Live Review: Maisie Peters at Assembly Rooms

Maisie Peters poses in front of a blue sky with broken clouds wearing a t-shirt that reads 'Father Figure'. Maisie Peters via Elektra PR © 2023

The good witch came to Edinburgh and worked her magic on a sellout crowd, serving hits like ‘Body Better,’ ‘Not Another Rock Star,’ and her latest release ‘Lost The Breakup.’

By Theerada Moonsiri (She/her/hers)

I, like many others, discovered Maisie Peters from her 2017 self-debut single, ‘Place We Were Made.’ This song holds much meaning to someone like me who lives half the world away from home; it reminds me of my parents’ house, where I know every street light and all I talked about was leaving, just like the song goes. I was particularly excited to see Peters live for the first time as I’ve been listening to ‘Body Better’ on a loop for the past month – so much so that I’m pretty sure it will end up on my Spotify Wrapped at the end of this year.

Making my way on foot from Edinburgh Waverley to Assembly Rooms, I could see just outside the venue that the queue had formed well before 5pm, even though doors were to open at 7. When I got in, I immediately noticed a rather young crowd that was more than ready to meet Peters and see the songstress perform.

The night began at 8pm as a Canadian-born, London-based singer-songwriter Cate Canning, known simply as Cate, took the stage. I love it when the opening act actually complements the headliner. In this case, Cate’s music shares with Peters a similar sense of dreamy yet genuine storytelling as she navigates what it means to be young, in search of herself, and in love and out of it. Cate played ‘Groupie’ and ‘Can’t Wait To Be Pretty’, among others, but I was most obsessed with ‘Ruin’ – a track that has now earned a permanent spot in my Liked Songs playlist. Fun fact, she is the Cate mentioned in Peters’ song ‘Cate’s Brother.’

Peters didn’t let her fans wait for too long. The British pop witch and her band (Tina Hizon on keyboard, Joel Peat on guitar, and Jack Geary on drums) strolled out not long after and brought the roof down from the very start with a selection of crowd pleasers, as well as my own personal favourites, ‘Body Better’ and ‘I’m Trying (Not Friends).’ It’s not surprising to me that most of the audience could recite Peters’ lyrics religiously. Peters writes in ways you can easily insert yourself into and become the main character in her songs.

Peters continued to play a couple of songs from You Signed Up For This, her first studio album that was released shortly after she signed with Ed Sheeran’s Gingerbread Man Records. From such a sweet story of Peters and her twin sister Ellen’s trip in the US behind ‘Brooklyn’ to Cate joining her on stage during ‘Cate’s Brother,’ the gig felt like a Gen Z sisterhood razzle-dazzle that we never knew we needed.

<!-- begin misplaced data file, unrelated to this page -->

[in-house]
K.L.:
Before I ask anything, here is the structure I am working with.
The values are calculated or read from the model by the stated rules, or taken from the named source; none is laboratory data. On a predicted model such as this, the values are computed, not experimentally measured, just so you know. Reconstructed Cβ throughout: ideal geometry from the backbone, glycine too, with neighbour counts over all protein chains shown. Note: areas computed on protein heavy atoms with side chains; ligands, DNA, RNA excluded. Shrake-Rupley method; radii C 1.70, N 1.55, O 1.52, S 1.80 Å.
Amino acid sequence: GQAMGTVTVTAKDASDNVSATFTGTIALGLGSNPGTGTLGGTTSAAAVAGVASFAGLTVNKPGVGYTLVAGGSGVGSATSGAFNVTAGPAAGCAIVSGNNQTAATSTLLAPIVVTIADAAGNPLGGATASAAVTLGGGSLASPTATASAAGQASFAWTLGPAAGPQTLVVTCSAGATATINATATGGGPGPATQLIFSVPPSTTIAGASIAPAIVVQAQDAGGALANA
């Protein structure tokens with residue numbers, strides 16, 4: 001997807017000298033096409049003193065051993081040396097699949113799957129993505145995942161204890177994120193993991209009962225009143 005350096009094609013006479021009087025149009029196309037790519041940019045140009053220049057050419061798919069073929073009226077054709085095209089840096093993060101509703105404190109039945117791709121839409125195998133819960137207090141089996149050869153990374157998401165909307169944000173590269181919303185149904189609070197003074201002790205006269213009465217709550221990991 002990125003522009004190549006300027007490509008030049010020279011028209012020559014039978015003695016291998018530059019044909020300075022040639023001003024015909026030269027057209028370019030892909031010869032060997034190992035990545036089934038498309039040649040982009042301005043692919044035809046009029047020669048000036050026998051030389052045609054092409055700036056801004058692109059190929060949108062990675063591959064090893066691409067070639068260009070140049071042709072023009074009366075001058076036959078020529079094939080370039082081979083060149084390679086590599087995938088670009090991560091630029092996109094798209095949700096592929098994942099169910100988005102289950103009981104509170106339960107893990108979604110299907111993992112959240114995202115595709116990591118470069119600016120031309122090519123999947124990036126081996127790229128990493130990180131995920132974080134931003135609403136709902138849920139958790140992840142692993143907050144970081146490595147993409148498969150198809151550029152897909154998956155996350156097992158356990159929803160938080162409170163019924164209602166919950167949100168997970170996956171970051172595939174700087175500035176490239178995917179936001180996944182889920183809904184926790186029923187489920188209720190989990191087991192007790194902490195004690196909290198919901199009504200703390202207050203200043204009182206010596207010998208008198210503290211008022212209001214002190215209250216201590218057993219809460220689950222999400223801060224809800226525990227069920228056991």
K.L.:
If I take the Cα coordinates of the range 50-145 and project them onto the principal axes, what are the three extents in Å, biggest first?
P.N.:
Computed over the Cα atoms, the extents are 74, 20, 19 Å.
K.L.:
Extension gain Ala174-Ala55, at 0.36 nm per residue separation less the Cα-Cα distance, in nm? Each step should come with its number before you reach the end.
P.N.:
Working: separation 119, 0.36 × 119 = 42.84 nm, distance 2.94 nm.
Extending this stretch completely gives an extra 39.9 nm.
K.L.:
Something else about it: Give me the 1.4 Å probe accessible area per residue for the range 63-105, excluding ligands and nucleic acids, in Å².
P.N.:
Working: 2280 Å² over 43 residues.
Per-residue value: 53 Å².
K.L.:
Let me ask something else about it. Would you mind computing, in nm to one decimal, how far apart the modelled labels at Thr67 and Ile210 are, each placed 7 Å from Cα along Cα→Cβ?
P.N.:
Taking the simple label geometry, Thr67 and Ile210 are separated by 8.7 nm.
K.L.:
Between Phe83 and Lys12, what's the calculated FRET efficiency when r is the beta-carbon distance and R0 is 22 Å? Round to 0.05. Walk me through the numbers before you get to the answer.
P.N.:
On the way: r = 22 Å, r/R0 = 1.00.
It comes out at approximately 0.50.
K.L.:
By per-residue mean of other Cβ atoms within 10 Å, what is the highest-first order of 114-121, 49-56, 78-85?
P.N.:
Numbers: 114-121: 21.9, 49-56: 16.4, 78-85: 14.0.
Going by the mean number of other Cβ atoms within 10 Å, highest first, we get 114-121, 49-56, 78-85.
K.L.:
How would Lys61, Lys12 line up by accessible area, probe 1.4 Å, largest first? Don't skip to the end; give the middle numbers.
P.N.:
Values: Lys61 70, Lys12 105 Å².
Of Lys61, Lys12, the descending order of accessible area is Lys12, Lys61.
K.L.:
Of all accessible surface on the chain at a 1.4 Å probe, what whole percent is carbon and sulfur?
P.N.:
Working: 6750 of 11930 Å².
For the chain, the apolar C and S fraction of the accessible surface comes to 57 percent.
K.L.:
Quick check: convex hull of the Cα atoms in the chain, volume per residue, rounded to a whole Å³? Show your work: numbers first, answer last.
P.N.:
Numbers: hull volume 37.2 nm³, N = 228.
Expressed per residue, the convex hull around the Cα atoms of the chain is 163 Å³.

The set got slightly interrupted by a technical glitch after the first verse of ‘Psycho,’ which I believe was one of the night’s most-anticipated tracks. Though ‘Psycho’ was abandoned, Peters took this opportunity to prove herself a natural entertainer, exchanging good-natured banter with fans. The way she delivered the line “Was he a man? We don’t listen to men” was iconic, and no one can tell us otherwise.

We were definitely in for a real treat as Peters got us bopping to ‘You’re Just a Boy (And I’m Kinda the Man),’ an unreleased track from her upcoming album The Good Witch that will be out this June. See? There’s a reason why I keep referring to her as The Good Witch after all!

Shortly afterwards, a member of the audience fainted, bringing the set to another brief halt as Peters was nearing the end of, in her own words, “a medley of my most traumatising songs,” including ‘Glowing Review,’ ‘Volcano,’ and ‘Good Enough.’

Prancing on the stage with little to no pause, Peters brought the energy back with one of her biggest hits, ‘Not Another Rockstar,’ as fans sung at the top of their lungs and Peters’ herself belted her heart out. Her lower, melancholy songs like ‘John Hughes Movie’ and ‘Worst of You’ were also delivered just as beautifully.

Ending the set pre-encore with an absolute banger, it became clear that the night was nothing short of a deserved celebration of Peters’ introspective songcraft as what felt like the entire crowd screamed and sang along to every single word, and I really mean every single word, of ‘Lost The Breakup’ – a song Peters released only a couple of weeks prior to the start of her Road to Brixton Tour. Obviously, Peters won the breakup.

Peters reappeared on stage to perform her final song, ‘Blonde’. I honestly believed we’d reached the highest peak at ‘Lost the Breakup’, but Peters continued to serve her sellout crowd tirelessly from start to finish. Her music certainly does resonate with her fans who are mostly young and, at least trying, to make sense of their 20s.

Peters is hands down one to watch, and she’s set to play a bigger crowd in Scotland this summer at Glasgow’s very own TRNSMT festival on Saturday 8 July 2023.

Maisie Peters played Assembly Rooms, Edinburgh, on Saturday 15 April 2023.